Block #10 of "Baltimore Rhapsody" is the flute block, the third of four central woodwinds in an orchestra and the only one in which the tone is not produced using a vibrating reed. Flutes are considered to be in the whistle family, which can be traced back to stone-aged man. Ancient man made flutes from what was at hand - bone, wood, clay. Early instruments had no holes, therefore only played a single tone. As holes were added, it was possible to play tunes.
The sound is produced by blowing air over the hole in the mouthpiece end of the instrument. The flute is about 2 feet long and sounds the lowest tone when all the holes are covered...as the holes are uncovered, the tone gets higher and higher.
The flute, along with its close cousin, the recorder, have long been considered "pastoral" instruments - the slender shape makes it a convenient and easy choice for shepherds. They would fill the countless hours with their flocks carving and playing simple flutes and recorders.
One odd member of the flute family associated with indigenous people of Hawaii and southeast Pacific areas is the nose flute. Yep...it is played by blowing air out one nostril into the instrument while the remaining nostril is held closed. No comment.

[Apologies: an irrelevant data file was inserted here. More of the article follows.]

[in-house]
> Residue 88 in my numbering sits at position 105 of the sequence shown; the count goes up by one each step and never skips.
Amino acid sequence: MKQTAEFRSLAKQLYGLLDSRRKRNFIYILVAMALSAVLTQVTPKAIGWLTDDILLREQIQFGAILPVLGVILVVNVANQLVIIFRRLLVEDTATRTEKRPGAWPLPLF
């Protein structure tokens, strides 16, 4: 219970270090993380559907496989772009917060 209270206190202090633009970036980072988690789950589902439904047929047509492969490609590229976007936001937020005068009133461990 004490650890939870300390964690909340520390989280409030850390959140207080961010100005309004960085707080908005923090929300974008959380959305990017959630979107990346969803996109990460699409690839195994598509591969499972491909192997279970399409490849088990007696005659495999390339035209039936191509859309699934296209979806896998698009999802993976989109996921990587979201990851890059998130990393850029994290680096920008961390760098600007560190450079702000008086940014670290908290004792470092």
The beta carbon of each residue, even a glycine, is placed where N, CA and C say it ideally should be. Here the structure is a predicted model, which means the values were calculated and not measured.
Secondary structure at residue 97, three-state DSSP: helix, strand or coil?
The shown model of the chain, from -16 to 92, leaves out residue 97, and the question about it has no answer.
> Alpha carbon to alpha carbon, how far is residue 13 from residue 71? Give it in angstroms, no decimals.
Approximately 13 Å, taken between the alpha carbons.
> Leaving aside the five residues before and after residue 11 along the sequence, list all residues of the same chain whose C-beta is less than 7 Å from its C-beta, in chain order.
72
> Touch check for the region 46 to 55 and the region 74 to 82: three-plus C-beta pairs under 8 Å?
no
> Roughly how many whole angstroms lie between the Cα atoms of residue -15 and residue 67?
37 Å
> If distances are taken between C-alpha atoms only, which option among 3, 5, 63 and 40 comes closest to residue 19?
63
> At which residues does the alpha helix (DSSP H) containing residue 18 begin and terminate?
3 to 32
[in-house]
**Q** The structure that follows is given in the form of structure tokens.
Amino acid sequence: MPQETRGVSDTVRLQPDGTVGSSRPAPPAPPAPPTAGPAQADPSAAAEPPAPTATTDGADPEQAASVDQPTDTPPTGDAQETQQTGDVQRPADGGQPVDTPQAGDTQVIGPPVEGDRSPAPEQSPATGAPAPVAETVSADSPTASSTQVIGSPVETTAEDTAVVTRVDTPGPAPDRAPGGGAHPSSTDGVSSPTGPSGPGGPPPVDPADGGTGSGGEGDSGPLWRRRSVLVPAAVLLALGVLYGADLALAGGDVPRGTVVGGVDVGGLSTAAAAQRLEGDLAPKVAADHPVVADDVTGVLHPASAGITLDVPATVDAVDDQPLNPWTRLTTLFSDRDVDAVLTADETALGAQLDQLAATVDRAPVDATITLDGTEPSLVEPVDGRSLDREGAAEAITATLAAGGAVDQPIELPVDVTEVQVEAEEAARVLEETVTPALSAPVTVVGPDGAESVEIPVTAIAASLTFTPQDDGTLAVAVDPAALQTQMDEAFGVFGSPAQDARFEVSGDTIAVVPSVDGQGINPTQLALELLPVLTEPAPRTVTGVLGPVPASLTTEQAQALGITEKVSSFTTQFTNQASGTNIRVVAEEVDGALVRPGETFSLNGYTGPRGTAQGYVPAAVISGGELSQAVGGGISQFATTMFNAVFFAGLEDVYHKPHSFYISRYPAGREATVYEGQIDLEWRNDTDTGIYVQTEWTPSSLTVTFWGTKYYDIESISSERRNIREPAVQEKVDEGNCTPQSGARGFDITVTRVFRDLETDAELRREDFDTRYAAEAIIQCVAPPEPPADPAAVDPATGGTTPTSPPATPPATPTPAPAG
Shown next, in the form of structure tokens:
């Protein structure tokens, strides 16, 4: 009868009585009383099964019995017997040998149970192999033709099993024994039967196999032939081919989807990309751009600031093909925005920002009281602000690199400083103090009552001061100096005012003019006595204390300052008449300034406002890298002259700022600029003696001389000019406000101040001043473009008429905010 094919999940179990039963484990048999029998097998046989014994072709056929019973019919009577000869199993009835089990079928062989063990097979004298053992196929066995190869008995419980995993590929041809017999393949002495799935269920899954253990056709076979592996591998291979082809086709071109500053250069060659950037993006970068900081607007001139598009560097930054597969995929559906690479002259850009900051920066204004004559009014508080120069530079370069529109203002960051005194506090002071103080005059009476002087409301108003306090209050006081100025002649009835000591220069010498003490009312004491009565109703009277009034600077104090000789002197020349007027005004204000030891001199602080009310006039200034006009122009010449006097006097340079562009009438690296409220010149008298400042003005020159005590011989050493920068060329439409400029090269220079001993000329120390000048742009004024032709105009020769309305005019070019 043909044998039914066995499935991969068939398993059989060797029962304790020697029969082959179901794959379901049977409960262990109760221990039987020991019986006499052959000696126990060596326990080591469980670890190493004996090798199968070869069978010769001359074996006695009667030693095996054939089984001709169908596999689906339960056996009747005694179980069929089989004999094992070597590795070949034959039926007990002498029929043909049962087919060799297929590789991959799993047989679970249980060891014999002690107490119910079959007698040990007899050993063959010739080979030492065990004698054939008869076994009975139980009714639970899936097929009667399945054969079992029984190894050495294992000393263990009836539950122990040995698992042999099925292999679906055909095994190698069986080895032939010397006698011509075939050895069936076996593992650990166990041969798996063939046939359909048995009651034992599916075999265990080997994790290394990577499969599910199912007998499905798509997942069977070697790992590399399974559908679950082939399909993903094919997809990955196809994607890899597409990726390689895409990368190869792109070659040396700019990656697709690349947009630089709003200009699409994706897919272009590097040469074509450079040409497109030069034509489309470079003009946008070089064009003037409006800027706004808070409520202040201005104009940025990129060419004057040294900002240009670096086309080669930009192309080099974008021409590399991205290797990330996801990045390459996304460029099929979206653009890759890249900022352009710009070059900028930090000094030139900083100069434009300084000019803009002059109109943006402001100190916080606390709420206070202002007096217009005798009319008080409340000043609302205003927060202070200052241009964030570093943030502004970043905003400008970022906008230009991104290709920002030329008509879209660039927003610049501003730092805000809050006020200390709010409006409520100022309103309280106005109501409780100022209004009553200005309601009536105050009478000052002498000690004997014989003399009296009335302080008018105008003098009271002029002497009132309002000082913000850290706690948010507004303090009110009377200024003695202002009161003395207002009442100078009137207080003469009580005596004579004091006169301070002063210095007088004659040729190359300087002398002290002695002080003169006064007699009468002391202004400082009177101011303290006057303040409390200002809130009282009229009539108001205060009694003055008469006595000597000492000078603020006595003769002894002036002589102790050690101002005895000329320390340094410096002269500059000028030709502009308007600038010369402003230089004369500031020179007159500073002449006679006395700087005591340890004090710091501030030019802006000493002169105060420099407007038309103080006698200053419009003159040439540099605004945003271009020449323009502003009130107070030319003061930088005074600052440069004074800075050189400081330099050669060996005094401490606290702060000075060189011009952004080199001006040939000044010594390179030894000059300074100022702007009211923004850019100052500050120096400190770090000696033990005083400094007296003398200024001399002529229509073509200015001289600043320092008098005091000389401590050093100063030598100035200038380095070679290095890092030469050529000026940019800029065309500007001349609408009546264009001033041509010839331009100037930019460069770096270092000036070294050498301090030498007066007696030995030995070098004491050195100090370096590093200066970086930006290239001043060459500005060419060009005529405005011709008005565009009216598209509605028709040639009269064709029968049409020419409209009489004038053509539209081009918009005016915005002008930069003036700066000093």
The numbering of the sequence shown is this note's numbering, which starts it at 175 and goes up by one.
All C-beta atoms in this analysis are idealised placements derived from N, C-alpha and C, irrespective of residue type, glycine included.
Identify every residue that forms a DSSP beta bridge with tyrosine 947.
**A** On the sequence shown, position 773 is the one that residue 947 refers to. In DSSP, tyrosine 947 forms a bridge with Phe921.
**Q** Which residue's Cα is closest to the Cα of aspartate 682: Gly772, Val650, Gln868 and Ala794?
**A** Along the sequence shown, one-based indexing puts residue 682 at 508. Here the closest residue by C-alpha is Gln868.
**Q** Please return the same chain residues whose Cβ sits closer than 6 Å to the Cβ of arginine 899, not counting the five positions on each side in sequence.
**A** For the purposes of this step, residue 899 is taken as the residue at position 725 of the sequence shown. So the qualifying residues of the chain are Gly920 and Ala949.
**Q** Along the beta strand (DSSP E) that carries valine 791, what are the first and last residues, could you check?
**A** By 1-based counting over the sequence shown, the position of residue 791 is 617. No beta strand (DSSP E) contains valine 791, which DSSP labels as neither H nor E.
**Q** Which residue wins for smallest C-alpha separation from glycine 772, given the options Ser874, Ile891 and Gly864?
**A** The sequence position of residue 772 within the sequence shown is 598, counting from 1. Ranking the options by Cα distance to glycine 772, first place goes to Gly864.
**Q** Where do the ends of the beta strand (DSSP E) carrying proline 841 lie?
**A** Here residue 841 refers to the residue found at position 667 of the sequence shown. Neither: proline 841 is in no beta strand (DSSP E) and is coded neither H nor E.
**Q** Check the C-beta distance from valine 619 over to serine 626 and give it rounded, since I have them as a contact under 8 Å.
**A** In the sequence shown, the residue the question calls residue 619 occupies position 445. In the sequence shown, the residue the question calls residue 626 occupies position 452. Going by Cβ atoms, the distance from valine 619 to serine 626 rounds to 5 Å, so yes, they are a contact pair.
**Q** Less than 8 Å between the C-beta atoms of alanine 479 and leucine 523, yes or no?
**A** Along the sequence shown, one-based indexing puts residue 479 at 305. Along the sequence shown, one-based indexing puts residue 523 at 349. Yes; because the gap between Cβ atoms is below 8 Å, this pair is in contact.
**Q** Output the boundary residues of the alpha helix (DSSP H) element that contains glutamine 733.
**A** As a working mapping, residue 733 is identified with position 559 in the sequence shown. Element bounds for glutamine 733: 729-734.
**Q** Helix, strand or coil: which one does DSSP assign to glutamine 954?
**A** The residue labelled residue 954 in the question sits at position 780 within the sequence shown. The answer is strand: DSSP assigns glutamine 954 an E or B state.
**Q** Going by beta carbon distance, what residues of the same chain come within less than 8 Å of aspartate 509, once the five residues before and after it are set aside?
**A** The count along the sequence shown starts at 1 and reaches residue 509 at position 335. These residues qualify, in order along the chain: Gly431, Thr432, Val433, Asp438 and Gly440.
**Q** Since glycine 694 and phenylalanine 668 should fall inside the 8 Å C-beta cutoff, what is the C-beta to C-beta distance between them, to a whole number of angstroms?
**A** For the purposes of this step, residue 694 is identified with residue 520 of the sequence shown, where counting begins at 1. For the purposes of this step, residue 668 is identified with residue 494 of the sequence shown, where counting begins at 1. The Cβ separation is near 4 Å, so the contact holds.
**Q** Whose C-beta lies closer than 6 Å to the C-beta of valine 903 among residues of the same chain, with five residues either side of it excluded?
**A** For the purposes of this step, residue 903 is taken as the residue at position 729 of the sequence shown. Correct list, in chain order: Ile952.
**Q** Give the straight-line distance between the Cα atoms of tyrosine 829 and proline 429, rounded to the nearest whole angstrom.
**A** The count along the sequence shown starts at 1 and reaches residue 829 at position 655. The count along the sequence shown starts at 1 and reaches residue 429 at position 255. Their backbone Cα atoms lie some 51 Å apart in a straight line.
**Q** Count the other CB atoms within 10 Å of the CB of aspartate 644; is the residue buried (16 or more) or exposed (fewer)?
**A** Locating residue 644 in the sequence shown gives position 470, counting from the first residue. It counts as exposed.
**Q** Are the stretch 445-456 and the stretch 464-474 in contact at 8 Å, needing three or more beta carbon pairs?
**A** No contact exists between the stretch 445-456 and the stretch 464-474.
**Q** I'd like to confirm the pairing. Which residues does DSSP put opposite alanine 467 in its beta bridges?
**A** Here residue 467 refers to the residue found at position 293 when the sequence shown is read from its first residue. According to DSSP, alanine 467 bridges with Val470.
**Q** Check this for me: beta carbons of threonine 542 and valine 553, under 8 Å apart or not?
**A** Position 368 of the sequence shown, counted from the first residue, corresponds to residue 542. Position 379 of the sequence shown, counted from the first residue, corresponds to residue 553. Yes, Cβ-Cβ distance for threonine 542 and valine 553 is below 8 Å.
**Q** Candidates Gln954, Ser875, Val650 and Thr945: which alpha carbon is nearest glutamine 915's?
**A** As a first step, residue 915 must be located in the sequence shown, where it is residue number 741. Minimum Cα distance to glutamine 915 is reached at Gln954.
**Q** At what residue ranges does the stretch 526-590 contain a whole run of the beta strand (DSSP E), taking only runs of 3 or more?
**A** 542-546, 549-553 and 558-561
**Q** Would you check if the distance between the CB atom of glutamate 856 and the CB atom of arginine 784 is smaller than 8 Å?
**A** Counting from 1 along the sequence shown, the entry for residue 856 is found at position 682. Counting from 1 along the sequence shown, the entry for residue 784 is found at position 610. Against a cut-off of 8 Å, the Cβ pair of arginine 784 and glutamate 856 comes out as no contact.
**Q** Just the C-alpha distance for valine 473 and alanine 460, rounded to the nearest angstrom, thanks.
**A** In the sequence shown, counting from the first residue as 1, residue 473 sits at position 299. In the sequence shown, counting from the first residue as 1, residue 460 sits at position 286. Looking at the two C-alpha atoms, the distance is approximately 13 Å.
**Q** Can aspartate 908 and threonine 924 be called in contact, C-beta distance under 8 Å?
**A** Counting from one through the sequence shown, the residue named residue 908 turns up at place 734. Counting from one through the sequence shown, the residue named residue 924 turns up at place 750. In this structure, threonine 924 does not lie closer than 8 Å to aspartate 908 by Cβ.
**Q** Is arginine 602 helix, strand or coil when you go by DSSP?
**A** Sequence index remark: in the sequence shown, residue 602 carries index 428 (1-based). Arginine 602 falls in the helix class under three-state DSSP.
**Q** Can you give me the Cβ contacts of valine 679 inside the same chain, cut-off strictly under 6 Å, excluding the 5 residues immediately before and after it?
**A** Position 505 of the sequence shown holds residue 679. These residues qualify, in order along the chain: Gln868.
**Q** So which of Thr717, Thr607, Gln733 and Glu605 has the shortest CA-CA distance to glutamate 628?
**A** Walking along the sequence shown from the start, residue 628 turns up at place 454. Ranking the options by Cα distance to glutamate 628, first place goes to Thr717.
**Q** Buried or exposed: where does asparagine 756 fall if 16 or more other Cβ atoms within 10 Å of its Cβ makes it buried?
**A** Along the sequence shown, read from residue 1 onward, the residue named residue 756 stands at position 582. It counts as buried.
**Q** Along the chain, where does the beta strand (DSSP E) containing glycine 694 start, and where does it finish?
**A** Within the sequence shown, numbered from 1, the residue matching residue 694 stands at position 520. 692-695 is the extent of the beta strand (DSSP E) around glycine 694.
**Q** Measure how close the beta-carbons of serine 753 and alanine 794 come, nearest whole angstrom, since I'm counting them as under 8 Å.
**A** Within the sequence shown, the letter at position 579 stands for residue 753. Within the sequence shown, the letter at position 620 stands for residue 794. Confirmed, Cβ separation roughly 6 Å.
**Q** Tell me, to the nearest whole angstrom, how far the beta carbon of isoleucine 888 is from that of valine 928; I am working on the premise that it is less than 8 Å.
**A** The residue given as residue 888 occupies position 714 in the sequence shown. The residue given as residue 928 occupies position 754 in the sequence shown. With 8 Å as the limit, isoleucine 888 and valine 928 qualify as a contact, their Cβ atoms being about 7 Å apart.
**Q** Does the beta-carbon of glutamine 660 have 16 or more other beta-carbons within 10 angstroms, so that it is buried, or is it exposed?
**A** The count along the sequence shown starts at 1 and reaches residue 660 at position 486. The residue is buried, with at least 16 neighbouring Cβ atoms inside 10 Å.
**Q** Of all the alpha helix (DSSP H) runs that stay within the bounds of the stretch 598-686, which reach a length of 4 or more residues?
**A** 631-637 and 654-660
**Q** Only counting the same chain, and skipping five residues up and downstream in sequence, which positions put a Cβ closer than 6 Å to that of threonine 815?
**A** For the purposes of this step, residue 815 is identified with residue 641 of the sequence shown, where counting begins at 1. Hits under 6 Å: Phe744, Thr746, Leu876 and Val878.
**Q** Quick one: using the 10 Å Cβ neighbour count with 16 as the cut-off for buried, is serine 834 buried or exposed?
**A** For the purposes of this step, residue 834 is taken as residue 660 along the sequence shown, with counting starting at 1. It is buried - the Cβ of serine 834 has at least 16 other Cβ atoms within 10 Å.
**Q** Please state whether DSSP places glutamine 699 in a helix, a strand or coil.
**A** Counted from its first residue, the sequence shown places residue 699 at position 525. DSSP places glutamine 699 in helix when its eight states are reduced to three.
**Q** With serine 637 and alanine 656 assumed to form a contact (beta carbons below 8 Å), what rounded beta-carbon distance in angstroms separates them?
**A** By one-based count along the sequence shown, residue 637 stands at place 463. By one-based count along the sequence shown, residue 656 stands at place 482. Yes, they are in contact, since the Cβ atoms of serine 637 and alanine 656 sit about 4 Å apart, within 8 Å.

Flutes appeared in European orchestras in the early 1600's. They were the natural choice for both sweet, calm melodies and acrobatic, active parts. They are often used to represent the sound of bird song.
Orchestras typically have three flutes, with the third one switching back and forth between playing flute and piccolo, the smallest, highest member of the flute family.
In addition to the orchestra, the versatile flute can be found in woodwind quintets (with oboe, clarinet, bassoon and French horn), concert bands, and as solo instruments in pop, folk, jazz, rock, and church music. If you love traditional marches, like those written by John Phillip Sousa, you have heard the bright trill of the piccolo.
"Baltimore Rhapsody" is a collection of instrument patterns that I am drawing/designing. Each block finishes 15 inches and is designed in the Baltimore album style. The patterns will be sold individually so that the quiltmaker can assemble the "band" of his or her choice.
I am focusing on the orchestral instruments first and am now trying to decide whether this quilt will contain 16 or 20 blocks...probably 16. Then I will add folk, church, and jazz instrument blocks in addition to a few surprises.
My thoughts and prayers are with those of you on the East coast, anticipating the arrival of Hurricane Sandy.